In his Budget Statement for the Financial Year (FY) 2007, Second Minister for Finance, Tharman Shanmugaratnam announced a two percentage point reduction in the corporate income tax rate to 18% to sharpen Singapore’s competitive edge.
Corporate tax rate will be balanced against a number of revenue raising provisions such as 1,4 percent increase in employer contribution to Central Provident Fund, to 14,5 percent and a GST rate increase from 5 percent to 7 percent. Economic prospects for Singapore in the next 10 years seem to be excellent. The economic growth is solid, job creation rate is growing, venture capital funds are rising as well. Inflation targeting policy has been successful as inflation rate has been kept steadily below the critical rate. The financial sector is flourishing as Singapore has become a global financial oasis. When taxes on profits were slashed, the foreign direct investment has poured in. Singapore still remains an attractive location for foreign investors.
Tax news reports that;
"...the injection of an additional S$500 million into the R&D Trust Fund administered by the National Research Foundation (NRF), and a significant increase in the partial tax exemption threshold from S$100,000 to S$300,000, which would be especially helpful to SMEs. As a result of the latter measure, almost 80% of SMEs will pay tax at effective rates of less than 10%, making Singapore one of the most competitive locations internationally for SMEs."
The budget has provided numerous incentives for the growth of service sector. The government aims to make Singapore a hub for global philantropic organizations and says it will remove a rule that currently required charities to spend at least 80% of their annual receipts in Singapore within two years to qualify for income tax exemption.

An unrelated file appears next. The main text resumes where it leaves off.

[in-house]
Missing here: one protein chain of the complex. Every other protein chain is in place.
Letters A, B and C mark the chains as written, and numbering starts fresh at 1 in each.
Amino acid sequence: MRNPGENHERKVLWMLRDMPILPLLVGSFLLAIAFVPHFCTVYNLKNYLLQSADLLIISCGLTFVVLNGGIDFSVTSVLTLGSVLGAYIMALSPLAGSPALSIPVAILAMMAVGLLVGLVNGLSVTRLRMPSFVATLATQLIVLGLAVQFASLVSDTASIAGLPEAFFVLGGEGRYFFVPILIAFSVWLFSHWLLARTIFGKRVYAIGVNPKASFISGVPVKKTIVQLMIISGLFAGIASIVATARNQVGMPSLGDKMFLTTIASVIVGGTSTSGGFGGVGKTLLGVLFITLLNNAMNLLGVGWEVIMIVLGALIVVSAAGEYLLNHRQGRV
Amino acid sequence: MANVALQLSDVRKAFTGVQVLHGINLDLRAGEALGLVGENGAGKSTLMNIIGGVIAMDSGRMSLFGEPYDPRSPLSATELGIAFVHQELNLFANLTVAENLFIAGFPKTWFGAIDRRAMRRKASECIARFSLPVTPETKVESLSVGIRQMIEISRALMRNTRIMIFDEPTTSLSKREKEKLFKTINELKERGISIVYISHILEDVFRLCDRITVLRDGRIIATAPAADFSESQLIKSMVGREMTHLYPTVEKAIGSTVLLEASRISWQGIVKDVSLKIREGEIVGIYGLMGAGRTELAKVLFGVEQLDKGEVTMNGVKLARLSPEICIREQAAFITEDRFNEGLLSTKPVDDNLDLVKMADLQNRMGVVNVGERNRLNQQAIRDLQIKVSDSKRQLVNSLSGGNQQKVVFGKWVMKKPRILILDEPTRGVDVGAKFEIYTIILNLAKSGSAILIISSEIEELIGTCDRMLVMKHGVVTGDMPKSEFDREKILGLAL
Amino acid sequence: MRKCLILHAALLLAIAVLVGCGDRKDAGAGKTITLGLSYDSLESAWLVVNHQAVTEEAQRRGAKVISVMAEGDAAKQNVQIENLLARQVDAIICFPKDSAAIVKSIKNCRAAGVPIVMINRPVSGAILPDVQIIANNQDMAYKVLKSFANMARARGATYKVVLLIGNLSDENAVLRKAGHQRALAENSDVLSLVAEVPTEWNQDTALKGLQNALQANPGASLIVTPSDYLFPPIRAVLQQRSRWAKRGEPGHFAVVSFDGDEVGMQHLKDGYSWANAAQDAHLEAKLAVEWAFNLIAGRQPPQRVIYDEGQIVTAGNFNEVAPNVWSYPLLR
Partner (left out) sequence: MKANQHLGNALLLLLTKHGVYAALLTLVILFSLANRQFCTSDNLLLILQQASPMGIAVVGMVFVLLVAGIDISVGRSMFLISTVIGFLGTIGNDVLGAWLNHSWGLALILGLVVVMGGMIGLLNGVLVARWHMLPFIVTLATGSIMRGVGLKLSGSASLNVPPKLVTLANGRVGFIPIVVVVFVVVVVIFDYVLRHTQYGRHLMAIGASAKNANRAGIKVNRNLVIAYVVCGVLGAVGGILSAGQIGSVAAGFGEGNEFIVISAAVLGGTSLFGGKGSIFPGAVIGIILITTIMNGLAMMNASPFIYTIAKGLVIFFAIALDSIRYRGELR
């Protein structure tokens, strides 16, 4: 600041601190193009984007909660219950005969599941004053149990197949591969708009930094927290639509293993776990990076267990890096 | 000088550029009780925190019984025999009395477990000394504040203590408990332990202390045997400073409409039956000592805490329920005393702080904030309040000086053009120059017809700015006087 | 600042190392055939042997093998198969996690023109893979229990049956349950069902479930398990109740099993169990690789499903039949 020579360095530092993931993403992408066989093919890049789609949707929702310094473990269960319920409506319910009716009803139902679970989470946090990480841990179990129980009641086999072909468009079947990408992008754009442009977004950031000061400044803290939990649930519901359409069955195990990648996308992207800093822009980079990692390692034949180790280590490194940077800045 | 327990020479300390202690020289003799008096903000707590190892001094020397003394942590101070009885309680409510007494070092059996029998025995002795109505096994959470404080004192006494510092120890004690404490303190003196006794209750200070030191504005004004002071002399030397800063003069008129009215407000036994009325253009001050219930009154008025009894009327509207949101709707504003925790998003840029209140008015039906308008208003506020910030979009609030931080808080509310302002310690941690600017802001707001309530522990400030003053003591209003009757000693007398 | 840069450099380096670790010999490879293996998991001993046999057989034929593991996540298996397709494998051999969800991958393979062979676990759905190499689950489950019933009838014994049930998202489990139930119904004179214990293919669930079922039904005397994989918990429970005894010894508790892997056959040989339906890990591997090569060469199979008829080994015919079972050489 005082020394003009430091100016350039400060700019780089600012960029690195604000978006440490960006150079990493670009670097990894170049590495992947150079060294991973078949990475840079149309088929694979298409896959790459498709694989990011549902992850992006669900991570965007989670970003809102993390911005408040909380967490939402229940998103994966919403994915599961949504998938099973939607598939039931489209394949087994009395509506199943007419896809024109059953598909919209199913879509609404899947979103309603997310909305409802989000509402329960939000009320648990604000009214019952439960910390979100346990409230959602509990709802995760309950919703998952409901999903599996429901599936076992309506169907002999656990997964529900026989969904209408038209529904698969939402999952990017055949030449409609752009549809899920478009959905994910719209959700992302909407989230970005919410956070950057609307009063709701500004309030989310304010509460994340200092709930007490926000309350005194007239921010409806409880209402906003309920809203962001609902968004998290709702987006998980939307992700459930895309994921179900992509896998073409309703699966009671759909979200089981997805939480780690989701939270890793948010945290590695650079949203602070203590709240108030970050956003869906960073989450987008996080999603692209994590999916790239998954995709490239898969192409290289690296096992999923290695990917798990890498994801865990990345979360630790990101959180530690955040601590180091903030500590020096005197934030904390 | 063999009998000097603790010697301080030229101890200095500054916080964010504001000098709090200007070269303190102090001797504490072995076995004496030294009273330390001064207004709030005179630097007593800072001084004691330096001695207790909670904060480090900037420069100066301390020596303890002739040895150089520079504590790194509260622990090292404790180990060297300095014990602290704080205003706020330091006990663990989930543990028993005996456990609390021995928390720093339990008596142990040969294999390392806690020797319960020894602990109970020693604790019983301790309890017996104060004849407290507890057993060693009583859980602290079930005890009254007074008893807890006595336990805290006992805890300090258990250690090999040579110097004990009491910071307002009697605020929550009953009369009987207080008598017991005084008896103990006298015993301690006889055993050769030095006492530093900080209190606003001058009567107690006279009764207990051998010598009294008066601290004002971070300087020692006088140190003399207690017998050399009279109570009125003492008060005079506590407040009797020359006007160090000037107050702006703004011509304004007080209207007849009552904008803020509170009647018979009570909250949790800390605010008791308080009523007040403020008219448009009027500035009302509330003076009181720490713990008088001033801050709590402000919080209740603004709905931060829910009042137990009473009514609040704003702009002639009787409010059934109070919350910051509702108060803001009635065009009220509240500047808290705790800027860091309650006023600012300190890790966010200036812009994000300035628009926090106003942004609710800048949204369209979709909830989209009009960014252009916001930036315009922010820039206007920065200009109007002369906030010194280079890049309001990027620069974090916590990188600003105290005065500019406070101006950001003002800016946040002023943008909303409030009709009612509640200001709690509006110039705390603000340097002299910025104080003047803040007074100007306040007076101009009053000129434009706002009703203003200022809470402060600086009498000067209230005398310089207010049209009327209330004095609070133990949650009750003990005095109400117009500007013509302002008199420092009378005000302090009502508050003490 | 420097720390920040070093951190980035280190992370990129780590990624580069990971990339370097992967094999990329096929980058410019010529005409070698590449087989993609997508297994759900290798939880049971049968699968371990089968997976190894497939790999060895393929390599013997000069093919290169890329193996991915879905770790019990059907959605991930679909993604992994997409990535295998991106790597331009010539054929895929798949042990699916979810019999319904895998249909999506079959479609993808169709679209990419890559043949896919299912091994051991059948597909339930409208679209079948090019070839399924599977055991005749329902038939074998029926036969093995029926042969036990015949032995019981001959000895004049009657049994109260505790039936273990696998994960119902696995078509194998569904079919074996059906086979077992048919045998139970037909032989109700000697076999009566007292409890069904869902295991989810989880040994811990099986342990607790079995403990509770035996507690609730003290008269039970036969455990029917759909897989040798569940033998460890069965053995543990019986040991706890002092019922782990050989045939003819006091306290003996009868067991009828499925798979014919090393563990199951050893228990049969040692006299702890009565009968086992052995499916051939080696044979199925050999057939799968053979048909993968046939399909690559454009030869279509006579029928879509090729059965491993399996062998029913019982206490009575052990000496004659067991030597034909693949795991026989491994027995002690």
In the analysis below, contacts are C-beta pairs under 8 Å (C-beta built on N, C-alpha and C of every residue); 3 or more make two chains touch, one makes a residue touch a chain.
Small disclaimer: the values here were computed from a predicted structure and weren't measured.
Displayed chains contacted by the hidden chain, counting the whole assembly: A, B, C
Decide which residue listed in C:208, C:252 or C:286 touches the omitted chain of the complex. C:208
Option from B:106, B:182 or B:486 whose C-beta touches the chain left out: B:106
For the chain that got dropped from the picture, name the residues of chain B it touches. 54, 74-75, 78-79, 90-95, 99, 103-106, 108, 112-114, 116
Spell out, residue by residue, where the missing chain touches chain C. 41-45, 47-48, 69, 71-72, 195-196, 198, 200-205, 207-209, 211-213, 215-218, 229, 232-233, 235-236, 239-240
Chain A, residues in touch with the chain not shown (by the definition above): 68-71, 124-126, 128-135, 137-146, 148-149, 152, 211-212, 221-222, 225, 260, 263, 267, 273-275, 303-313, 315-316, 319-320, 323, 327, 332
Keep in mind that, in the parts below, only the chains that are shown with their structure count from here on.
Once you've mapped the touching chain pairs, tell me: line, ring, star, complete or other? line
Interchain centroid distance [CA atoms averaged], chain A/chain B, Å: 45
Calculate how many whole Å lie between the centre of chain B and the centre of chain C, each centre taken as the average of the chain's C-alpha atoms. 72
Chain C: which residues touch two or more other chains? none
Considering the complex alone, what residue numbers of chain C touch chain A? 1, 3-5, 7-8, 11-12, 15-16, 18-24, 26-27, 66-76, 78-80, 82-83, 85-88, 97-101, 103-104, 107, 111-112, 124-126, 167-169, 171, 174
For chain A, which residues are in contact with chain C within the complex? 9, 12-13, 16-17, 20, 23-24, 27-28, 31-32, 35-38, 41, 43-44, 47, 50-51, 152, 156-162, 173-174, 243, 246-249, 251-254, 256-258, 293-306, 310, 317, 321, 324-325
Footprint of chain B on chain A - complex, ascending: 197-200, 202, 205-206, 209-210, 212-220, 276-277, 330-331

Employment regulation has been reduced. In order to help low-wage workers, the government did thankfully not rely on minimum wage increase but on cutting contribution rates in order to make employment growth faster and employment easier;
"The principal target group of the WIS Scheme are full-time workers above the age of 45 and who earn S$1,000 or less. A worker earning S$1,000 a month will get S$100 of WIS, which is a 10% supplement. The WIS will also be extended to those above the age of 35 who earn S$1,500 or less, but at a lower rate."
It is expected to see the Singaporean economic growing extending from 4,5 percent in 2006 to 6,5 percent in 2007. Fiscal deficits has been reduced from S$2,9 billion to S$1,3 billion. The Finance Minister expects a S$1,1 billion budget surplus in 2007. excluding Special Transfers and tax changes. After taking these into account, the Budget is expected to be in deficit by S$0.7 billion. Shanmugaratnam, the Finance Minister assured Members of Parliament that the deficit could be fully financed by funds accumulated within the current term of government.